that other girl, she can’t do it

We were in Florida last month, and there we had the privilege of working with a swim teacher, named Dick Cutrera, who absolutely blew my mind. I took my two-and-a-half year old daughter to six lessons at his house in six days, and she went from someone who sat on the top step and ran screaming for a towel if she were splashed with a single droplet, to someone who jumped in– without any flotation devices– and swam back to said steps. He’s a wonder worker who has been teaching kids to swim for FIFTY YEARS (Cosmopolitan magazine did a fabulous Palm Beach spread of him teaching kids in a Don Draper-era 1961.) 

I was as enthralled during Maggie’s lessons as she was, because “Mr. Dick” keeps up a constant banter with his young charges that is a marvel of child psychology. His chief means of motivation is the constant mention of another (imaginary) child, one not nearly as successful a student as his current one. It goes something like this:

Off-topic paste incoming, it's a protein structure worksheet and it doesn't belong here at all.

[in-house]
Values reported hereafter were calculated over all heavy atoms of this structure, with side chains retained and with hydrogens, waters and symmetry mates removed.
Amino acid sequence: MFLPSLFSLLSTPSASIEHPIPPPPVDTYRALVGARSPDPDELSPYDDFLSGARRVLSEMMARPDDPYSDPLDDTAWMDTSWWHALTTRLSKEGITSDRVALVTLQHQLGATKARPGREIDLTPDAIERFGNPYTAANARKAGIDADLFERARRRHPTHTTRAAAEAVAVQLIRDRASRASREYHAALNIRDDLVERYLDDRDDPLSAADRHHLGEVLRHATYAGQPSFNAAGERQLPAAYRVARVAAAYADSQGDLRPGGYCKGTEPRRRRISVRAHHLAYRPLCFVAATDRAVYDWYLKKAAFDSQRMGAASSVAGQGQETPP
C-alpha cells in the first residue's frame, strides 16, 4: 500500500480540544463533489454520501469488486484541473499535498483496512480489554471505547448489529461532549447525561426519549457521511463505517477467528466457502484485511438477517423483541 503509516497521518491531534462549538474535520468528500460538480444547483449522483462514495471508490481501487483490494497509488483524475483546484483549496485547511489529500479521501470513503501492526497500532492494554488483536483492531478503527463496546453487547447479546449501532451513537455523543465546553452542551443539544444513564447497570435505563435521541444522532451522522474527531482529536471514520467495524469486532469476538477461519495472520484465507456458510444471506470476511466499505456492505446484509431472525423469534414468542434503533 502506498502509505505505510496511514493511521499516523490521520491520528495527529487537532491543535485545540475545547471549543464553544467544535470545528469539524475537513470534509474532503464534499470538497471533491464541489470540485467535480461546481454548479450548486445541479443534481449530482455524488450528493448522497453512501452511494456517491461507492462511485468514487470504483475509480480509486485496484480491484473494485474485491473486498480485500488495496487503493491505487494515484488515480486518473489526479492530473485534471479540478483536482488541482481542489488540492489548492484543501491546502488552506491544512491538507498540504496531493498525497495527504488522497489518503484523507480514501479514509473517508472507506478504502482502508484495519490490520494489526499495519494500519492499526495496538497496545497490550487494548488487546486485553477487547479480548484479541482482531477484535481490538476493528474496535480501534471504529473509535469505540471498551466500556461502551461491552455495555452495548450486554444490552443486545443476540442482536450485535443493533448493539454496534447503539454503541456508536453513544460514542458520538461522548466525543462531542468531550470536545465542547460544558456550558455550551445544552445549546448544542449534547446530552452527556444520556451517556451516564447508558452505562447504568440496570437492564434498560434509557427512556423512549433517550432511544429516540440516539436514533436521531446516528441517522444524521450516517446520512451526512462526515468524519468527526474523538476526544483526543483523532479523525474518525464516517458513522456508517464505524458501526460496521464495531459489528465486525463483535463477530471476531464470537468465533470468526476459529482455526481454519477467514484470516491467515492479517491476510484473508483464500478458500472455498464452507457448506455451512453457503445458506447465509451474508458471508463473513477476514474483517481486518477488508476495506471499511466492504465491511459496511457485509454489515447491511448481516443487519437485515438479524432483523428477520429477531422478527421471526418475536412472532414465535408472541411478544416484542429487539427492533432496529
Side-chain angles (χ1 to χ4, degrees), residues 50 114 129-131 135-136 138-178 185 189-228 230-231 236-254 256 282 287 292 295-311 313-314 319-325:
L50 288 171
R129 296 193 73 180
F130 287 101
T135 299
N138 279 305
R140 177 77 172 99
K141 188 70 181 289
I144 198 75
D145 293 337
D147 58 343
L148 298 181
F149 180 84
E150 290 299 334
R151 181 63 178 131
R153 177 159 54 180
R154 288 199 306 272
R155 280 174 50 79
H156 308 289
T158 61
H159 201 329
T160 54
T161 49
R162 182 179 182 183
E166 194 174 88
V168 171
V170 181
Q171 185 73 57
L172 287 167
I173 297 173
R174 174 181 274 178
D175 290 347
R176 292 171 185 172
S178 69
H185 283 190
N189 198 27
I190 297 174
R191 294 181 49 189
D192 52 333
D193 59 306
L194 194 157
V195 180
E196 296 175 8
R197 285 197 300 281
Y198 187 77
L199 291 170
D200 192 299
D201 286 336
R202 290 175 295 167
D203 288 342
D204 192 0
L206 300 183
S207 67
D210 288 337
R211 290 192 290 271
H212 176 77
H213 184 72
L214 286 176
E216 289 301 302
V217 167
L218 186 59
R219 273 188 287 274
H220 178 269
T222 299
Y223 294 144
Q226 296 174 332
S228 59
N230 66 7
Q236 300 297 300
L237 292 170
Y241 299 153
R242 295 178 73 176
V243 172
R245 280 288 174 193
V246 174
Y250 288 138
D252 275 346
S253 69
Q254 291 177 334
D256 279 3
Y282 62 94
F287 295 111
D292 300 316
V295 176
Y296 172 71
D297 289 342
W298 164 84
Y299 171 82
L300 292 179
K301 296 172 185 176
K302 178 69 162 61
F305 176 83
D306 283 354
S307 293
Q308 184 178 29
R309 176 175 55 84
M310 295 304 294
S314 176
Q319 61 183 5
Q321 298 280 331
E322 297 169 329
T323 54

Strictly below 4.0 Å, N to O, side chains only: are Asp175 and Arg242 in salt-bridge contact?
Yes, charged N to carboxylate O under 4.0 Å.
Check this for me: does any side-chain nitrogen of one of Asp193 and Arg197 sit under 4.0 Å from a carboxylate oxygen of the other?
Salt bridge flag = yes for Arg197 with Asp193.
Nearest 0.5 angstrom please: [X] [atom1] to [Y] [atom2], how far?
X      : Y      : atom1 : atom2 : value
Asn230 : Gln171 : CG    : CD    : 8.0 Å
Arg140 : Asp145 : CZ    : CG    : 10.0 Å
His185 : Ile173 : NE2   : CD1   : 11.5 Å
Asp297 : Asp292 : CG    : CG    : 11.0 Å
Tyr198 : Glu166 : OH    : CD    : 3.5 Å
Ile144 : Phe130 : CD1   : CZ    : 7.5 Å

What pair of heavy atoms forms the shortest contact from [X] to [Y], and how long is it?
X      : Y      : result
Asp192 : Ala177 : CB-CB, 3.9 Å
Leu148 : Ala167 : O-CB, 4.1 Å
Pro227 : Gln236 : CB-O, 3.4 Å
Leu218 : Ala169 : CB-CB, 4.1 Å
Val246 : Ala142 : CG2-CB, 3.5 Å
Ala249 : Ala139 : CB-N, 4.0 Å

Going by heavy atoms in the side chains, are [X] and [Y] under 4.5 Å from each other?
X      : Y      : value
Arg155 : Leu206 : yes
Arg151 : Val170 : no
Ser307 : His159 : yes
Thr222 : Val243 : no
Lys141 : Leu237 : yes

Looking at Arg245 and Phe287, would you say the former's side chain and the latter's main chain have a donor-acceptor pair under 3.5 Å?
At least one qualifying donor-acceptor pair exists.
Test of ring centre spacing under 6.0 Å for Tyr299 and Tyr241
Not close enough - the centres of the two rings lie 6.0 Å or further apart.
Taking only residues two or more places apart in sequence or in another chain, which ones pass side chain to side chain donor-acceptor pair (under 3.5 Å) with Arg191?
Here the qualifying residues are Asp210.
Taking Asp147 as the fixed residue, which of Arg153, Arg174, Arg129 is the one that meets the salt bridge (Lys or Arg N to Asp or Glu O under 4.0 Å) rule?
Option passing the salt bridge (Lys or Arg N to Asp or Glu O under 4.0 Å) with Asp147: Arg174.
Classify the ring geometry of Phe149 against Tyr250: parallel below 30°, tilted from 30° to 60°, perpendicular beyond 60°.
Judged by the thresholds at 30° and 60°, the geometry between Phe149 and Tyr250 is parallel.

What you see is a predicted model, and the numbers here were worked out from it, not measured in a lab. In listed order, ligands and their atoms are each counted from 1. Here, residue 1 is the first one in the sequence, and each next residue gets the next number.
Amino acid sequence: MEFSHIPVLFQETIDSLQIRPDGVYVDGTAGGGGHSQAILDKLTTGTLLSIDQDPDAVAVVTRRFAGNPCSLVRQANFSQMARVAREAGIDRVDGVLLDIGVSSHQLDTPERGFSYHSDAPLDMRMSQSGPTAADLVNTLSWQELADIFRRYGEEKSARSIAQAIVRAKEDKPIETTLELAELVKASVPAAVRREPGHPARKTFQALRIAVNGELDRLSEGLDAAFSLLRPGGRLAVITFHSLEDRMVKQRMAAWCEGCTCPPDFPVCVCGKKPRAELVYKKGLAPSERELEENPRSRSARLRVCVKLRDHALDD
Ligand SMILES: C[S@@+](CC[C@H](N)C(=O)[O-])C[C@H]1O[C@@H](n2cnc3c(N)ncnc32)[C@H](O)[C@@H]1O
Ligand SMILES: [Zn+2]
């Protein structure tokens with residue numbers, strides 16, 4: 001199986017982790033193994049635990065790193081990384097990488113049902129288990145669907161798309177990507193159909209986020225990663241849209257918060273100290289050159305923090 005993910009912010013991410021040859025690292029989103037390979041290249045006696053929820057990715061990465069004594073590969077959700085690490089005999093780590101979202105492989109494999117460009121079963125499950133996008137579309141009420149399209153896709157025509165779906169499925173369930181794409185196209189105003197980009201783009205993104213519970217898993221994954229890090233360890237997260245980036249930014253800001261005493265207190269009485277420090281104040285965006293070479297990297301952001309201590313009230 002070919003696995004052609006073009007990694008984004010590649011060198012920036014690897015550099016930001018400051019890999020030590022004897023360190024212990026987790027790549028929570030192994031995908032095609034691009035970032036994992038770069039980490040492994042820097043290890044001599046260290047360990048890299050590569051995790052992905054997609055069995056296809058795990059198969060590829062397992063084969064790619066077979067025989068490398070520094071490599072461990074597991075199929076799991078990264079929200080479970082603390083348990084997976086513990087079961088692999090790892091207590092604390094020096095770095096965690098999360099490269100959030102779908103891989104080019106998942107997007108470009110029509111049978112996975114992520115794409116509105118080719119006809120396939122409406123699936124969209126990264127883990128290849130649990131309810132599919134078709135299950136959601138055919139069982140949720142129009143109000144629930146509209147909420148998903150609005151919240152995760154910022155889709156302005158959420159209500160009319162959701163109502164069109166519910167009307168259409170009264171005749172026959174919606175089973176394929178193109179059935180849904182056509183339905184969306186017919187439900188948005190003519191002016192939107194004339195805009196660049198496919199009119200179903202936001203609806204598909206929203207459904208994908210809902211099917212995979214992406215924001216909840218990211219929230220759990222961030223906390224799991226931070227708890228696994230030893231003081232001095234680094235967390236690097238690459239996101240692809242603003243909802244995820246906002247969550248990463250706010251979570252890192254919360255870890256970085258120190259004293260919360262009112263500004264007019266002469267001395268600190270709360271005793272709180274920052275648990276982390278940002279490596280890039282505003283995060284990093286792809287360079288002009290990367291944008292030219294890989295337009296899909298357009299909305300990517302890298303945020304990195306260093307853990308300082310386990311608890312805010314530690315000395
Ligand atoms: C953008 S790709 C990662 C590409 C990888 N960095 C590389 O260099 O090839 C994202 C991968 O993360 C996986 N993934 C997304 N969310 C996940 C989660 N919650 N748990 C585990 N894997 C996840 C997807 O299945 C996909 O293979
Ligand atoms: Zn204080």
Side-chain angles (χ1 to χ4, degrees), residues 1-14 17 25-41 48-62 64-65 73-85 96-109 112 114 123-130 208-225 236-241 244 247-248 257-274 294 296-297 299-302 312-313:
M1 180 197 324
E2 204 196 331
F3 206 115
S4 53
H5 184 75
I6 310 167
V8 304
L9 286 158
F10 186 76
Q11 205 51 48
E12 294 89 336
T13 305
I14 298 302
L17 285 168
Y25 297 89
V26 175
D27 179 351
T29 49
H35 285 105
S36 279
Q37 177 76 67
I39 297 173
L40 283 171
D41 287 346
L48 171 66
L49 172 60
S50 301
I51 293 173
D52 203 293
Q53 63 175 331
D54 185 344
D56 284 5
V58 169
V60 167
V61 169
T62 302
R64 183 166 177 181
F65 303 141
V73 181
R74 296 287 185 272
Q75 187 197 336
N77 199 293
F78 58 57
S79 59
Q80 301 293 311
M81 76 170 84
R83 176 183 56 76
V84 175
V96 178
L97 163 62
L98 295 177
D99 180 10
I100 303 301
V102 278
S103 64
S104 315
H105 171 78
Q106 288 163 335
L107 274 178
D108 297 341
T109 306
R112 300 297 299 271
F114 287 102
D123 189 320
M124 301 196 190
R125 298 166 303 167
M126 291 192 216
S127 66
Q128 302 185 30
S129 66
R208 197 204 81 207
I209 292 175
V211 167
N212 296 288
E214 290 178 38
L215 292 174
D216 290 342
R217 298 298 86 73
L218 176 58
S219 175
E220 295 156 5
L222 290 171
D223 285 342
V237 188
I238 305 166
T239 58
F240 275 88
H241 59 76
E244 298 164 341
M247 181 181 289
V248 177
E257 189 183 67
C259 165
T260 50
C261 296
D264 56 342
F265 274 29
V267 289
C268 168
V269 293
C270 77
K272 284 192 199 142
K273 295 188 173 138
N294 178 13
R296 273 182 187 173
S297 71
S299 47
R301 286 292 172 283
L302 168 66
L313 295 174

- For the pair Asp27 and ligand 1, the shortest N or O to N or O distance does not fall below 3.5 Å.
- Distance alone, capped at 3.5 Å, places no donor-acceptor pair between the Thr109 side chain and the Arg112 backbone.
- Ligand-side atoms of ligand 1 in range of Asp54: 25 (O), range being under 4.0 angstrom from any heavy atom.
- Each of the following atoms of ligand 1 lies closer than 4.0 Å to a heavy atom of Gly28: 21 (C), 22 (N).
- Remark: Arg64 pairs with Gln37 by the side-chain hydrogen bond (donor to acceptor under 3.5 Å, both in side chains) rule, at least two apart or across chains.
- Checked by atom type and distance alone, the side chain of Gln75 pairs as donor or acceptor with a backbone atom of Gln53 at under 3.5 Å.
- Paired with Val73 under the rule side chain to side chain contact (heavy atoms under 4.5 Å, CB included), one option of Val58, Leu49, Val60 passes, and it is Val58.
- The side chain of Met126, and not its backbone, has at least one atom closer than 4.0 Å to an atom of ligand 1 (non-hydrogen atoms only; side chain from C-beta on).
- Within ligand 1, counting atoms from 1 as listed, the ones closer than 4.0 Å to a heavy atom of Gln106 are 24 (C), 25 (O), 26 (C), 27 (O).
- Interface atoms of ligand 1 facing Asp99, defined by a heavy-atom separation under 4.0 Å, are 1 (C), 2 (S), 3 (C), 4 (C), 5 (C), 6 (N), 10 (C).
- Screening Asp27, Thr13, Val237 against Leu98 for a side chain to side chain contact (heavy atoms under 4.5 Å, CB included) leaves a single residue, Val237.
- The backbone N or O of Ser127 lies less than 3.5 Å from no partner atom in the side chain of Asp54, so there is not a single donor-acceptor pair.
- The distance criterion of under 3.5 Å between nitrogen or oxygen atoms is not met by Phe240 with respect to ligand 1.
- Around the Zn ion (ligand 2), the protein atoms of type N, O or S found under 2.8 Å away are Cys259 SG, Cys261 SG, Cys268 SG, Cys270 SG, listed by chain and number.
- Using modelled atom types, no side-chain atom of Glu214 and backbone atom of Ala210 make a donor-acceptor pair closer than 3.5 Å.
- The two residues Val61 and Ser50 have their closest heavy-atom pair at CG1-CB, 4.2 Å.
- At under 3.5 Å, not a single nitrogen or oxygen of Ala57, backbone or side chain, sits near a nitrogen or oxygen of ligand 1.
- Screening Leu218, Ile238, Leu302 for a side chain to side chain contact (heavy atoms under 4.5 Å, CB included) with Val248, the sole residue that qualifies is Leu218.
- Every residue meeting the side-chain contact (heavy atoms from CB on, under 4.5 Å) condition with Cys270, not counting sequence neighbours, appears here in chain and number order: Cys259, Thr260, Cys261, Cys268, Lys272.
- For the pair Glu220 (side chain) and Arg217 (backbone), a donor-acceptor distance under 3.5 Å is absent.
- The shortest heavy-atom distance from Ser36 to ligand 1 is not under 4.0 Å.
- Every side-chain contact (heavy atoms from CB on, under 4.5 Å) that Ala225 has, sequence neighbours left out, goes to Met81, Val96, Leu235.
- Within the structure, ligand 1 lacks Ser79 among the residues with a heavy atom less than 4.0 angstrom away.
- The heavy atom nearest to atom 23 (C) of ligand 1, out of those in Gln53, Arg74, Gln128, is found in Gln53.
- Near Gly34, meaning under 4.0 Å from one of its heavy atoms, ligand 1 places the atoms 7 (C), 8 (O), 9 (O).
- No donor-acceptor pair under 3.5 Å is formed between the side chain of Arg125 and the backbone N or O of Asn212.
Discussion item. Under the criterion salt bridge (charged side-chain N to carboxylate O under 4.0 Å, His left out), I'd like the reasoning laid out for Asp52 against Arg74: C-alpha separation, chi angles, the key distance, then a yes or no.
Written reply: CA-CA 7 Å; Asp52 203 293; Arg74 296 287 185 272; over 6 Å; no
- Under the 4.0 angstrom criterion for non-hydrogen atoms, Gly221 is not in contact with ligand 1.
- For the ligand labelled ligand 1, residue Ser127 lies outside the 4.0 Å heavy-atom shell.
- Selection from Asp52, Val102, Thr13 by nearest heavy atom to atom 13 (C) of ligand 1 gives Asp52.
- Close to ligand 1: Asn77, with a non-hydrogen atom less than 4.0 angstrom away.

“Ooh, you put your face in the water? That other girl, she can’t do that.”
“When you get water in your eyes, you wipe them down, right? That other girl, she cries for her mommy to bring a towel.”

Maggie’s smug superiority that she is nothing like “that other girl” is really something to behold.

Mr. Dick’s other means of motivation is a Ziploc bag of Mardi Gras beads, and another Ziploc bag, filled with soil from his garden. “Oh, you’re going to get to pick out a necklace,” Mr. Dick told Maggie as she perfected floating on her back. “You’re going to get TWO necklaces. That other girl? She’s getting black dirt.” The black dirt, sitting there next to the necklaces, will never actually be given to any child; but it is all the proof Maggie needs that this other girl actually exists.

Other things we learned about “that other girl”:

–she lives right up there (pointing vaguely) and she might be watching you from the window
–her name is Mary (sometimes)
–she broke Mr. Dick’s garden gnome and her mommy is going to have to buy him a new one

Maggie scooped up these bits of information with wide eyes, nodding sagely, and although it’s been three weeks since we came back, she still talks about “dat udder girl, her not do it, her get black dirt” several times daily. 

Since “that other girl” got Maggie to swim, I have decided to apply this line of reasoning to the potty, as well. Wish me luck.